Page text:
[identity profile] amie-de-rimbaud.livejournal.com
I wanted to share with you another obscure work of fiction about Camille that I found while browsing eBay.fr, a play called Camille Desmoulins; ou Les partis en 1794; drame historique en cinq actes by H. Blanchard and J. Mallian. It was published in the 1830s. 

I'll be sure to let you know if it's interesting or mildly entertaining. Also, I apologize for taking forever to translate and post the rest of that other play (by Duzéa). With school and everything, I've just been too busy. However, I'll make it my project to finish over winter break and tell you when it's up.

On a different note, a Joyeux Halloween to all!
[identity profile] amie-de-rimbaud.livejournal.com
Just a reminder to grab your pistolets and jump on the nearest piece of furniture in honor of our man of the hour Camille, who, on July 12, 1789, overcame his (adorable) st-st-stutter to get us all hot, bothered, and ready to wreak some serious havoc on royal property.

I give you a favorite scene from Carlyle :

But see Camille Desmoulins, from the Café de Foy, rushing out, sibylline in face ; his hair streaming, in each hand a pistol! He springs to a table : the Police satellites are eyeing him ; alive they shall not take him, not they alive him alive. This time he speaks without stammering :—Friends ! shall we die like hunted hares ? Like sheep hounded into their pinfold ; bleating for mercy, where is no mercy, but only a whetted knife ? The hour is come ; the supreme hour of Frenchman and Man; when Oppressors are to try conclusions with Oppressed ; and the word is, swift Death, or Deliverance forever. Let such hour be well-come! Us, meseems, one cry only befits : To Arms ! Let universal Paris, universal France, as with the throat of the whirlwind, sound only : To arms !— "To arms !"

Bravo Camille!

Wishing everyone a fantastic holiday!
[identity profile] amie-de-rimbaud.livejournal.com
So this evening I translated Act I of Pierre Duzéa’s “Camille Desmoulins, Tragédie en cinq actes et en vers” (1894), which I’m still in the process of actually reading. It’s an interesting text as a product of the fin-de-siècle, but no aesthetic achievement; the language is painfully stilted, and I smile to imagine Monsieur Hon-Hon stumbling over those heroic couplets. Other highlights so far include Saint-Just and Camille brandishing pistolets at each other in the Jacobin club (“Par hasard, désires-tu mourir?”).

I haven’t gotten to this yet, but according to Jean-Paul Bertaud we find in Duzéa’s portrayal of Robespierre the “rejected lover” of Lucile, “mad with passion, deception and jealousy”...

I’ve posted my translation of Act I here; apologies for its *meh* quality. If there’s any interest, I’d be willing to translate either the rest of the play or just some choice excerpts (at least for the sake of amusement). I also hope to post some of his letters from the “Correspondance.”

**Update**:  Today I posted the second act on the same site. Highlights:  a weird, condensed version of Revolutionary chronology (e.g., Lucile reports that she has just witnessed the execution of the Brissotins, but isn't the action of the play supposed to take place just before Camille's death?)...the dantonistes extol Charlotte Corday as a super-virgin-killer...first mention of Robespierre as the spurned suitor out for revenge!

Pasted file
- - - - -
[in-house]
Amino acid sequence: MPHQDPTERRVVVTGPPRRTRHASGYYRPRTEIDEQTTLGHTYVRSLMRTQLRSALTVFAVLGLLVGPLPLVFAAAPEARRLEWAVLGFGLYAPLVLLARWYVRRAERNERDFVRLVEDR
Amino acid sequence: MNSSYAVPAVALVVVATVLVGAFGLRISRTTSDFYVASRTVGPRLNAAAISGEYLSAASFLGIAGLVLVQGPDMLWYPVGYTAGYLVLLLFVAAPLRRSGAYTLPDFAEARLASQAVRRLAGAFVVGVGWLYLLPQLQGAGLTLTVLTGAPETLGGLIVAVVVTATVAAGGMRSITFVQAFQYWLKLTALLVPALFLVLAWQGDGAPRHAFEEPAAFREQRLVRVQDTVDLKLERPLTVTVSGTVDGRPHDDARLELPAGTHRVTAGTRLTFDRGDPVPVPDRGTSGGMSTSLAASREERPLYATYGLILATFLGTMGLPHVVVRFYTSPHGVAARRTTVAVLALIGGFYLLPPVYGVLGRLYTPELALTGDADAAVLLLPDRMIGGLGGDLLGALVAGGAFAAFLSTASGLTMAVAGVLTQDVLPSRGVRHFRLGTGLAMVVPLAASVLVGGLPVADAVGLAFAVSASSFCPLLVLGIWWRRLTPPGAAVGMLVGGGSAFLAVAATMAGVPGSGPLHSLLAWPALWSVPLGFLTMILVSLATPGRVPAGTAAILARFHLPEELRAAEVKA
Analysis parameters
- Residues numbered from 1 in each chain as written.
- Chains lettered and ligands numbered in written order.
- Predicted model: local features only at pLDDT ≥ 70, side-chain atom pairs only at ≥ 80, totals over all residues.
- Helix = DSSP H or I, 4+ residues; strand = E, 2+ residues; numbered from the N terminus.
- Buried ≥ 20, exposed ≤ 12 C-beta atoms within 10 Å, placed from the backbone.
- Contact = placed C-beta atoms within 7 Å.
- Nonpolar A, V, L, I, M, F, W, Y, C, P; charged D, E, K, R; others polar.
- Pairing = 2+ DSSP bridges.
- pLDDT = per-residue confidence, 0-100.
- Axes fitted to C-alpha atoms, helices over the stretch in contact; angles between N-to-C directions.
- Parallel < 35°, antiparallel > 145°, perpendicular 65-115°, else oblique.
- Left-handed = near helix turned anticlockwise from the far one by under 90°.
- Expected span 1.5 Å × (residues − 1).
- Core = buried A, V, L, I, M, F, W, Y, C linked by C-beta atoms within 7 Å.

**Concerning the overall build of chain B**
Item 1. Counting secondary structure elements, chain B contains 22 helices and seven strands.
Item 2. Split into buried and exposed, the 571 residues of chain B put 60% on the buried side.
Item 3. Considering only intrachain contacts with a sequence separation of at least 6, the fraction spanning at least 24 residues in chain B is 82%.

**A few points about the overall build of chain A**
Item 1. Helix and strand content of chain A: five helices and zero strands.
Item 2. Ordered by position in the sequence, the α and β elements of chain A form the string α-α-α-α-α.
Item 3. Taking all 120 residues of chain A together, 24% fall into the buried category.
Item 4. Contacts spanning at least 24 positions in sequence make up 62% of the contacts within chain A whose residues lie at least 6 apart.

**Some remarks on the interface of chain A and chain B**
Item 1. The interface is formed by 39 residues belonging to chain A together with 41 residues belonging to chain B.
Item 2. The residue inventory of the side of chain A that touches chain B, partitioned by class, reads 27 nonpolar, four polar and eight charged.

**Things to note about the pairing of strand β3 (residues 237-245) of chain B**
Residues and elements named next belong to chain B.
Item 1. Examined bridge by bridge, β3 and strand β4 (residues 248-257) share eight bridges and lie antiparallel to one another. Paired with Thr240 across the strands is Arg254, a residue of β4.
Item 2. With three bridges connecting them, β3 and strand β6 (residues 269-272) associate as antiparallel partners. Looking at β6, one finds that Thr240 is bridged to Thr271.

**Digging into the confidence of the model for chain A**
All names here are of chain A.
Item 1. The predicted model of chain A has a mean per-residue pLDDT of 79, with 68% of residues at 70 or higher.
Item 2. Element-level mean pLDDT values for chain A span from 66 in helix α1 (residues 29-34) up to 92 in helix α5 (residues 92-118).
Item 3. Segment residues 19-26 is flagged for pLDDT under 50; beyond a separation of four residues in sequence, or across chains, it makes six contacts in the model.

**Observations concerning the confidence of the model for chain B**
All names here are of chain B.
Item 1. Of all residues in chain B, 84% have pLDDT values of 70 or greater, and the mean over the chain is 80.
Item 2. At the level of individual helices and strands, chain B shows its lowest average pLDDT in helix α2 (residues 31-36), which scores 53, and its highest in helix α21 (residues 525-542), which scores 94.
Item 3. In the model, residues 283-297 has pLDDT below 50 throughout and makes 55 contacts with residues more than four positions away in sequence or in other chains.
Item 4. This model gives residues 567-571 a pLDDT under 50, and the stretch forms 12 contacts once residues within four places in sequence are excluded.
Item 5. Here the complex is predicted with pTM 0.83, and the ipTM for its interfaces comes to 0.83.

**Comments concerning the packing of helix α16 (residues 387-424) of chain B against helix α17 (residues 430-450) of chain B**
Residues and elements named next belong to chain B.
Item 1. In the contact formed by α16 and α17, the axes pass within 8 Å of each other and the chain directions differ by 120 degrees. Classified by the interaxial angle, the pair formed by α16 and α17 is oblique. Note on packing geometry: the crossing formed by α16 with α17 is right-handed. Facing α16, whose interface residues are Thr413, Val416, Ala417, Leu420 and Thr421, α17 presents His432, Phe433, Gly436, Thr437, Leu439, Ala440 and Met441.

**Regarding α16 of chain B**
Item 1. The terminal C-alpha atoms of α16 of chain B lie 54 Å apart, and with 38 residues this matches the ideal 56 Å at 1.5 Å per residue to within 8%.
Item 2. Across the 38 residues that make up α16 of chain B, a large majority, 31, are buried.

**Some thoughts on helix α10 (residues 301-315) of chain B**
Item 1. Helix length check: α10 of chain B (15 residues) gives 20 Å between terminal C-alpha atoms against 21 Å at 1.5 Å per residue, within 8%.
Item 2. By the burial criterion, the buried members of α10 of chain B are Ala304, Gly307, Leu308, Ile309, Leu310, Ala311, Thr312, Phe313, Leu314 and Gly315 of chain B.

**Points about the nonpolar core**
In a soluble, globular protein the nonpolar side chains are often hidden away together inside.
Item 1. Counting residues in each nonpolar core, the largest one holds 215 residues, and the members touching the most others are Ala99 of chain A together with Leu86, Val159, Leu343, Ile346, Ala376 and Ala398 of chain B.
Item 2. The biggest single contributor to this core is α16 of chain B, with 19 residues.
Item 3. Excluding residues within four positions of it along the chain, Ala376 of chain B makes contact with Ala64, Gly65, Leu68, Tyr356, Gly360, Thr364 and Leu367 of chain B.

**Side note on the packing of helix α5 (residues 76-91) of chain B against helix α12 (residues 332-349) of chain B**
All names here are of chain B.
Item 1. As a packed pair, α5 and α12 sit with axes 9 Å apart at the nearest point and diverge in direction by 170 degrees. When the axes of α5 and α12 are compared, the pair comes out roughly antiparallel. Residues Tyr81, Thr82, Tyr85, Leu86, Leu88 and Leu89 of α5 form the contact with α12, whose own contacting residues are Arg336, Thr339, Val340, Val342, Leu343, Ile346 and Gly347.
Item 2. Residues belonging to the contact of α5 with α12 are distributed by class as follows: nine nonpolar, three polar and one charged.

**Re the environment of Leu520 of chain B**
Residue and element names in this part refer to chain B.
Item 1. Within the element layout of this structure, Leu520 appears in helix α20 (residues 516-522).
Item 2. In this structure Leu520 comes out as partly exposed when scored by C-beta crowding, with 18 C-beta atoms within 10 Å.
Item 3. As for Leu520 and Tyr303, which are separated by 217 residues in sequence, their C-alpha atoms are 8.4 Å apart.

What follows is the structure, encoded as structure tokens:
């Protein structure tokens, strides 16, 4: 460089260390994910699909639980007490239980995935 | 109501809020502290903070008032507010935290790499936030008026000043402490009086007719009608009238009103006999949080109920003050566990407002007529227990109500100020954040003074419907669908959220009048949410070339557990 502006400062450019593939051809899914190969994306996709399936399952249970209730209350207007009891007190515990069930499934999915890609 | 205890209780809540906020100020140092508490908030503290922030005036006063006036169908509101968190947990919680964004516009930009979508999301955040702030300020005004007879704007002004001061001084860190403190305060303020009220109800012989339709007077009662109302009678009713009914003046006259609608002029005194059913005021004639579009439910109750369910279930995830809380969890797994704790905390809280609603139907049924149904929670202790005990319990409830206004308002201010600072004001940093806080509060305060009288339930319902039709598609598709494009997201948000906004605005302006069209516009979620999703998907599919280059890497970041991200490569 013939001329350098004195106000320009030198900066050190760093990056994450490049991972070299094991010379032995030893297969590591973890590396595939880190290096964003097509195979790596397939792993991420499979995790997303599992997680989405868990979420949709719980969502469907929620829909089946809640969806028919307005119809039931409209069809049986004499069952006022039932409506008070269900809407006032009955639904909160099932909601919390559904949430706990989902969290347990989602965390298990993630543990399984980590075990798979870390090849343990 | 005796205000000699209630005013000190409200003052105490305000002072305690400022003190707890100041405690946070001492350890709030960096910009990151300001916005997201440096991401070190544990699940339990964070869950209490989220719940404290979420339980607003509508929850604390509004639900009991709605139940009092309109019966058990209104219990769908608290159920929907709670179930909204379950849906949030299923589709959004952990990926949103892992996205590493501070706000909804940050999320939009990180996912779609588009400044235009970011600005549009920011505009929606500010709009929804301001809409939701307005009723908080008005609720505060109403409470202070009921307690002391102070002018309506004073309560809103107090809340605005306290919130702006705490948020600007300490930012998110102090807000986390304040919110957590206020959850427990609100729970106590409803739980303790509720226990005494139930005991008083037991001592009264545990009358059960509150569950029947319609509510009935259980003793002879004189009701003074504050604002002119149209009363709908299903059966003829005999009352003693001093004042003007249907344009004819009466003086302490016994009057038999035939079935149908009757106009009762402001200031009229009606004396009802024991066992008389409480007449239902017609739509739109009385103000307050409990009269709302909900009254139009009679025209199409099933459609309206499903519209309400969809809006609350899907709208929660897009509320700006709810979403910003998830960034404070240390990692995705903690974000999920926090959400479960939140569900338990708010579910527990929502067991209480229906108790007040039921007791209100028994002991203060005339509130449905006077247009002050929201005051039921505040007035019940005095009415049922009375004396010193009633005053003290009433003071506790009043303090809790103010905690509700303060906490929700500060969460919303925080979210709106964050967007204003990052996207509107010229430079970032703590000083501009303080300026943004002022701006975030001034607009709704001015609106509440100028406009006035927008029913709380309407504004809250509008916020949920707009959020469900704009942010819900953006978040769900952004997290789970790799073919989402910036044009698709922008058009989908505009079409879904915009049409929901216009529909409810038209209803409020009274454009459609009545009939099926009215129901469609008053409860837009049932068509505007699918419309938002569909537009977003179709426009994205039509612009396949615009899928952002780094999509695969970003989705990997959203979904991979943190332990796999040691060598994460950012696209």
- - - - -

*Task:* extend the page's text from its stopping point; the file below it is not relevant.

[identity profile] amie-de-rimbaud.livejournal.com
I just wanted to share two interesting Camille books I recently acquired for my collection (one benefit of perusing eBay.fr instead of studying). I was happy to find them, and I thought you guys would also appreciate their old, moldy wonderfulness.

The first is his unedited (selected...if only it were complete!) ‘Correspondance,’ published in 1836, first edition (according to the seller). I actually just picked this up at the post office today, so I haven’t examined it very closely yet. I’ll be sure to convey/translate any letters of special interest.

The second is ‘Camille Desmoulins, Tragedy’ by Pierre Duzéa, published in 1894. I was especially interested in this, having never seen it before. My efforts to find information on Duzéa have been futile, so I guess he was pretty obscure. If anyone could tell me anything about it, that would be great.

Again, I haven’t had much time to give this a thorough reading; superficial observations don’t support any remarkable literary merit. But as I happen to be particularly interested in 19th c. representations of the Revolution, I’ll eventually give it a much closer look and report back with better details/insight.

Maybe I’ll translate an excerpt in honor of April 5th!
[identity profile] misatheredpanda.livejournal.com

I don't actually have anything to commemorate the event, sadly. However I would like to encourage you to spare a thought (and perhaps a few words, if you feel so inspired) for this man who slipped into history - and more than a few peoples' hearts in the past 250 years - against the odds. I could never express how grateful I am for it.
[identity profile] missweirdness.livejournal.com
Since I am in a good holiday mood (i'm going home MONDAY WOOT!); I like to present my fanart to you =) And it has to do with Camille and Snowballs xD and Maxime's bloody nose =) Don't ask; It took me an hour; and yes that snowman is a republican snow-citoyen =/ and yes Saint-Just is almost covered up in snow thanks to Camille. Who knew Camille was a snowball champ? and yes Maxime is HIDING! I would also and Camille is scary, but he's happy. Lmao